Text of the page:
Long before television, and a few years before motion pictures became popular, what did Americans do for entertainment? In the years following the Civil War, the railroad industry took off, connecting great portions of the continental United States. Traveling circuses took full advantage of the advanced network of rails, bringing live entertainment to all corners of the nation. And when the World’s Fair came to Chicago in 1893, millions bought tickets to see the wonders therein. So popular was the World’s Fair, many enterprising hucksters saw potential dollar signs in producing one-of-a-kind events, freak shows, and singular spectacles.
In 1896, up-and-coming executive with the Missouri, Kansas & Texas Railroad William Crush hatched a crazy plan to stage a locomotive collision, promote the hell out of it, and make a ton of money. Crush used the premise of “scientific research” to justify the potentially dangerous venture. The rail line, also known as the M-K-T or the Katy, had seen huge successes in Texas, connecting Galveston and Houston with St. Louis. Why not put on a show for current and future customers?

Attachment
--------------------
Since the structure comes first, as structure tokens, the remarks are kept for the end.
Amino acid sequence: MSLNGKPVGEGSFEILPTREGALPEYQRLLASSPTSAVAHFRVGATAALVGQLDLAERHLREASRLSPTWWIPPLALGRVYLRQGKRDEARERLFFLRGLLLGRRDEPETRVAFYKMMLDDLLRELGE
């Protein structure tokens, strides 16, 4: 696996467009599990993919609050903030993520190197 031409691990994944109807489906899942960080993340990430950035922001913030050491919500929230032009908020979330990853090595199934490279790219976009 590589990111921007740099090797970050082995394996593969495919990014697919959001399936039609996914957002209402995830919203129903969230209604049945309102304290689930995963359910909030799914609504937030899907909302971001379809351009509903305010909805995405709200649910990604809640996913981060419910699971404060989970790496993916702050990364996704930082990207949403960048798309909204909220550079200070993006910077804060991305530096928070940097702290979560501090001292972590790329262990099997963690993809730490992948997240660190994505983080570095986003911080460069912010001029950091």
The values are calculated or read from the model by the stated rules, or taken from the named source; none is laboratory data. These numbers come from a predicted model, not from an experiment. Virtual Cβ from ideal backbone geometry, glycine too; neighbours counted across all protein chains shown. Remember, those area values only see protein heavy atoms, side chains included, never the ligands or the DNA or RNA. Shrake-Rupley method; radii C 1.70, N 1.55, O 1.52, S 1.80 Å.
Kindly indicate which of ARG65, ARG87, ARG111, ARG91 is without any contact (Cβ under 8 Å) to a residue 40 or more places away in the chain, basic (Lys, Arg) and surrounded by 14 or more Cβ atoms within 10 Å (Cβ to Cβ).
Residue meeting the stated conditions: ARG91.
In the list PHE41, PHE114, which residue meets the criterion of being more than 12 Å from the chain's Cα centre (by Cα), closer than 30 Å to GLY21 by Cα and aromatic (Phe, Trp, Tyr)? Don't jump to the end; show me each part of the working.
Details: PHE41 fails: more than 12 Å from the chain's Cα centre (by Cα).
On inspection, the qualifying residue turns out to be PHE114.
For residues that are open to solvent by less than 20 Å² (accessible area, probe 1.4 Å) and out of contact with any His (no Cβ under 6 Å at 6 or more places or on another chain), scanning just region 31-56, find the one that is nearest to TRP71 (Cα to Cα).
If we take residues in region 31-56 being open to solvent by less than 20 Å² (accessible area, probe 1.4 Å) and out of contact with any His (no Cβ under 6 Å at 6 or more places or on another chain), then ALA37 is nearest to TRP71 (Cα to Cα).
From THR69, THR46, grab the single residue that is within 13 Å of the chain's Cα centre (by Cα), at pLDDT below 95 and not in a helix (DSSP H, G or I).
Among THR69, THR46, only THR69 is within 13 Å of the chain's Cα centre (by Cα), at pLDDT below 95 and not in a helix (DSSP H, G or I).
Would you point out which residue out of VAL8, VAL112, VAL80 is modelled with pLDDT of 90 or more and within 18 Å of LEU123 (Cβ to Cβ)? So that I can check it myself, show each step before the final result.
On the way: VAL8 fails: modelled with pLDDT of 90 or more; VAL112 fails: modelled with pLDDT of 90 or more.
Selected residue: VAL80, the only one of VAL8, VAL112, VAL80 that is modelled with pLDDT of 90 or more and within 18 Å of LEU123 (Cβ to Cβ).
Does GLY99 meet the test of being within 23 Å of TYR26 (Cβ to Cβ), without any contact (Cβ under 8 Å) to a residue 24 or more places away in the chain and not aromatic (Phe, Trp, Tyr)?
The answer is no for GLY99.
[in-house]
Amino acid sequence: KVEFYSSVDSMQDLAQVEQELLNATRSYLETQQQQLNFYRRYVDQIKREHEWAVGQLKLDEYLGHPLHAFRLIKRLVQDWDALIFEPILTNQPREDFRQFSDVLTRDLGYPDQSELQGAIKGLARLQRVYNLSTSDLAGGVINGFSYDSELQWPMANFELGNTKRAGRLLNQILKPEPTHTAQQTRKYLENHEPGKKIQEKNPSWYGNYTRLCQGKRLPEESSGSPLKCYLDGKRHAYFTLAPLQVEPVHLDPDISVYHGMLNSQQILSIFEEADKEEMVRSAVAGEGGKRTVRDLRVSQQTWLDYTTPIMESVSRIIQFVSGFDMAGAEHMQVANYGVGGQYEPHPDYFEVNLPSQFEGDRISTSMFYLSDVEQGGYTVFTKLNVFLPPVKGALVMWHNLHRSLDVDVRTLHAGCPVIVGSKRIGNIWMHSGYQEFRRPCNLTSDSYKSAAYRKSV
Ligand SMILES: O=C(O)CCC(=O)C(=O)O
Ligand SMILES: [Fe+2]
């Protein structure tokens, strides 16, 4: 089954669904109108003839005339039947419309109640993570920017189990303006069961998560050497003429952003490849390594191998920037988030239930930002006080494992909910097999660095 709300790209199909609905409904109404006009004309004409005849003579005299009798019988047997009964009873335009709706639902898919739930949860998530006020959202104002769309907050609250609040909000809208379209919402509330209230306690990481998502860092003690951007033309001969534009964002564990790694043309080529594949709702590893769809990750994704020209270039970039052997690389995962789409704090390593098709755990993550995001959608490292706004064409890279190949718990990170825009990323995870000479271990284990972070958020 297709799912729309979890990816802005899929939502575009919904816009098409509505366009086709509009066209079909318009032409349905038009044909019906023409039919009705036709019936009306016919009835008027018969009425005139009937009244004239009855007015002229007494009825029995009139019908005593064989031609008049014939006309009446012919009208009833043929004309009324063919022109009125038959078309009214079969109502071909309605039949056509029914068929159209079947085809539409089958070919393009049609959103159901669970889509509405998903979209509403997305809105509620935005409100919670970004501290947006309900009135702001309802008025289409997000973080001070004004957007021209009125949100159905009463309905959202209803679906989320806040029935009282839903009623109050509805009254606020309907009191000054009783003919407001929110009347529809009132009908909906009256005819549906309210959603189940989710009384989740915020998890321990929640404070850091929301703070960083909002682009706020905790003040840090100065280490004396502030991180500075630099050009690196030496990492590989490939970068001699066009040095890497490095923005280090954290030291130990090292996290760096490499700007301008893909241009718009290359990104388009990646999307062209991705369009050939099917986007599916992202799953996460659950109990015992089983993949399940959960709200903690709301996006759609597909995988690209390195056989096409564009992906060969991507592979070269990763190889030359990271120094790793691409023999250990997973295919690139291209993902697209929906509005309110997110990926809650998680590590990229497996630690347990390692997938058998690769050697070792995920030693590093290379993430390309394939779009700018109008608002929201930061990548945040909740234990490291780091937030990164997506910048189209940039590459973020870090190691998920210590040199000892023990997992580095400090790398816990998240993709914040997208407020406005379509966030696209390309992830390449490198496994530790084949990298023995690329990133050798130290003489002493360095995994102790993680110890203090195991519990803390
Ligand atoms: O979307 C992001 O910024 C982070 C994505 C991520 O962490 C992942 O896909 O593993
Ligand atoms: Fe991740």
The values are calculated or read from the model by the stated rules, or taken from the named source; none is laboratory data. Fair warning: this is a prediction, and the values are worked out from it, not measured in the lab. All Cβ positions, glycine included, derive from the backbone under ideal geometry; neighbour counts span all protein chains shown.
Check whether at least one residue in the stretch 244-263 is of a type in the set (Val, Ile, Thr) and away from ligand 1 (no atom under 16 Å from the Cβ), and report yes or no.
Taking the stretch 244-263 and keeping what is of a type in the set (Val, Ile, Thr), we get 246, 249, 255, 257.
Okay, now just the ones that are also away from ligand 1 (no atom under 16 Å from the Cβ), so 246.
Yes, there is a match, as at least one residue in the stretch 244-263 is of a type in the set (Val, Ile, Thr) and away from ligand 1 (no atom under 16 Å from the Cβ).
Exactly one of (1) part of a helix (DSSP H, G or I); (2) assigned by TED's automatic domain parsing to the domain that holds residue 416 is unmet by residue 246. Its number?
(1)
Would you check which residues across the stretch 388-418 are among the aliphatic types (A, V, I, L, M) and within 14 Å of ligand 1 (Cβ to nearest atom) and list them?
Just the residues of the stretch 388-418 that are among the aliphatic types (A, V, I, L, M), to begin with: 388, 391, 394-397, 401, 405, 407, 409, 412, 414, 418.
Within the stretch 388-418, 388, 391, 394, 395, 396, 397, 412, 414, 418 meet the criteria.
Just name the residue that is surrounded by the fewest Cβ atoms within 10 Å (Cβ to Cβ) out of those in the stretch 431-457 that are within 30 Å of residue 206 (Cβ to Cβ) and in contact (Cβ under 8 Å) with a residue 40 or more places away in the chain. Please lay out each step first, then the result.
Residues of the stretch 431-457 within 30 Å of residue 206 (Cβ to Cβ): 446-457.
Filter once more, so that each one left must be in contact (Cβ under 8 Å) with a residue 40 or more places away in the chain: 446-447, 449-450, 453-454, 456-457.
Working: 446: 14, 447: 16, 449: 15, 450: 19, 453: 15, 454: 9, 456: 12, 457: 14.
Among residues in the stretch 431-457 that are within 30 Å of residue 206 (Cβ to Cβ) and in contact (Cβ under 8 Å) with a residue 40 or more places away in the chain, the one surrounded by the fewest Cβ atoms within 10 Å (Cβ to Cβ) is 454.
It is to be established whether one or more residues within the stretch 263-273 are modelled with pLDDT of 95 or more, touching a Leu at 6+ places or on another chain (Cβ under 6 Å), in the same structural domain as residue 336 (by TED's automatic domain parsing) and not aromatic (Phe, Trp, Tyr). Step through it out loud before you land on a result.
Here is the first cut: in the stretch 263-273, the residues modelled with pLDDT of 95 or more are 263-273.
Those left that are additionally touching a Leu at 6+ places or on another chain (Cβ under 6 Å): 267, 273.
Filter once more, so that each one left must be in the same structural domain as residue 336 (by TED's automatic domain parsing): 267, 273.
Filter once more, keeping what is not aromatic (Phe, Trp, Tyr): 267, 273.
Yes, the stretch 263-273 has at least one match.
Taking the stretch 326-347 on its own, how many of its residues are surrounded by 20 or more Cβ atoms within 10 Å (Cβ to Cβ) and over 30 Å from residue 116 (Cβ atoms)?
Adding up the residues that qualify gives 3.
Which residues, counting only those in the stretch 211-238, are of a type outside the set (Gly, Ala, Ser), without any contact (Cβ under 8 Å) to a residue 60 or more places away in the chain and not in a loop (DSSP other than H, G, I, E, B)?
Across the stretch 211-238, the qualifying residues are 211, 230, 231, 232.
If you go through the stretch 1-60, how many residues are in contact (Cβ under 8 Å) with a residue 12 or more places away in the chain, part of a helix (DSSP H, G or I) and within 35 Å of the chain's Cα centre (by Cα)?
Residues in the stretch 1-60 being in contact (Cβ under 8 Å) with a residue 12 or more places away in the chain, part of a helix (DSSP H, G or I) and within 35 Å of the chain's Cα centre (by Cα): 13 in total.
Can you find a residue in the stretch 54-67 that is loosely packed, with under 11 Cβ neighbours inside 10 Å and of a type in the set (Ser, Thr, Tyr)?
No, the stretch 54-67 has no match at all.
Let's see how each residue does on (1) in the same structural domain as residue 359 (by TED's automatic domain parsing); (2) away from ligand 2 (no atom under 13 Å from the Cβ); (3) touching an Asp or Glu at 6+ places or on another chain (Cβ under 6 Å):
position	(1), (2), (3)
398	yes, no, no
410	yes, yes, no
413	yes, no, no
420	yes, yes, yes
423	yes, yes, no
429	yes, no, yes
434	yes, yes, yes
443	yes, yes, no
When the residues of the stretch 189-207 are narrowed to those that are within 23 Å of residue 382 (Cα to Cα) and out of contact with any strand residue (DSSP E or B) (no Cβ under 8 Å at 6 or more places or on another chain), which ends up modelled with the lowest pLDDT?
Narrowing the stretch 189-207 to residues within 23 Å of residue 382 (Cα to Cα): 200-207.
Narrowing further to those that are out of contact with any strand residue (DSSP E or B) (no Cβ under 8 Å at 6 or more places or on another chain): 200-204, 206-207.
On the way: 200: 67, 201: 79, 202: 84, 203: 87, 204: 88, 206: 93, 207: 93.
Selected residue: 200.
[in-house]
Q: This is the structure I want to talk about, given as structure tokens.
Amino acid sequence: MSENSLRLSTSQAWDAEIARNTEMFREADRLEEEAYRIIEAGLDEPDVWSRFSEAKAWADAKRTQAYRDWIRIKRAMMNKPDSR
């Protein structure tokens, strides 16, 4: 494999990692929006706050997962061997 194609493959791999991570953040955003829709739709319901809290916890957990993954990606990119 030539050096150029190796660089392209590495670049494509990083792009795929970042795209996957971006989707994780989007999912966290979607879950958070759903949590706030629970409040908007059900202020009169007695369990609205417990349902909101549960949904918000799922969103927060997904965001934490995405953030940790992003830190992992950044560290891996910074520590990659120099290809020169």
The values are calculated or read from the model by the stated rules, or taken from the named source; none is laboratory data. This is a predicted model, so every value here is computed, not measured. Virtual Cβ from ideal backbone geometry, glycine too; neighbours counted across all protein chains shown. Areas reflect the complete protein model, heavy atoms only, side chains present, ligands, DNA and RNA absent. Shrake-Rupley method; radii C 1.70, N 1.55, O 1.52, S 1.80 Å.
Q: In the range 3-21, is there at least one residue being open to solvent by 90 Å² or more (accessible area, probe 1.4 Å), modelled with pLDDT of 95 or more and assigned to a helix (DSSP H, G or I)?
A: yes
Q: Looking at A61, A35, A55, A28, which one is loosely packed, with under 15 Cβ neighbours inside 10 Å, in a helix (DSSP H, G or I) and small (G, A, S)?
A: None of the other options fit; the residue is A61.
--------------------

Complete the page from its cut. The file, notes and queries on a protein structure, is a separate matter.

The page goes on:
The head-on collision of two obsolete, and unmanned steam locomotives was presented to the public on September 15, 1896 on a stretch of railroad tracks north of Waco. William Crush renamed the town “Crush” probably because “The Crash at Crush” was just too irresistible-sounding (or he couldn’t resit using his own name). 40,000 eager spectators attended — which was free with purchase of a rail ticket.
When the two speeding locomotives collided, only a few had predicted the results. In addition to a huge smash-up of steel, the boilers on both engines exploded, sending debris hundreds of yards in every direction. Despite safety precautions and buffer zones, three confirmed fatalities were reported. Ironically, one of the official photographers hired that day was hit in the eye with a piece of hurtling train debris.
“It [was] a scene that will haunt a man…make him nervous whenever he hears an engine whistle, and disturb his dreams with black clouds of death-dealing iron hail…”
—Dallas Morning News
Promoter William Crush took full accountability for the catastrophic results, and remained with MKT Railroad for many years. Future Ragtime legend Scott Joplin was entranced by the stunt and wrote “The Great Crush Collision March” to commemorate the mess.
Certainly, common sense and an abundance of sanity prevailed after the Katy Smash-up? Nope. Dozens more locomotive collisions were staged by a multiple of ambitious showmen, with the last one occurring in 1951.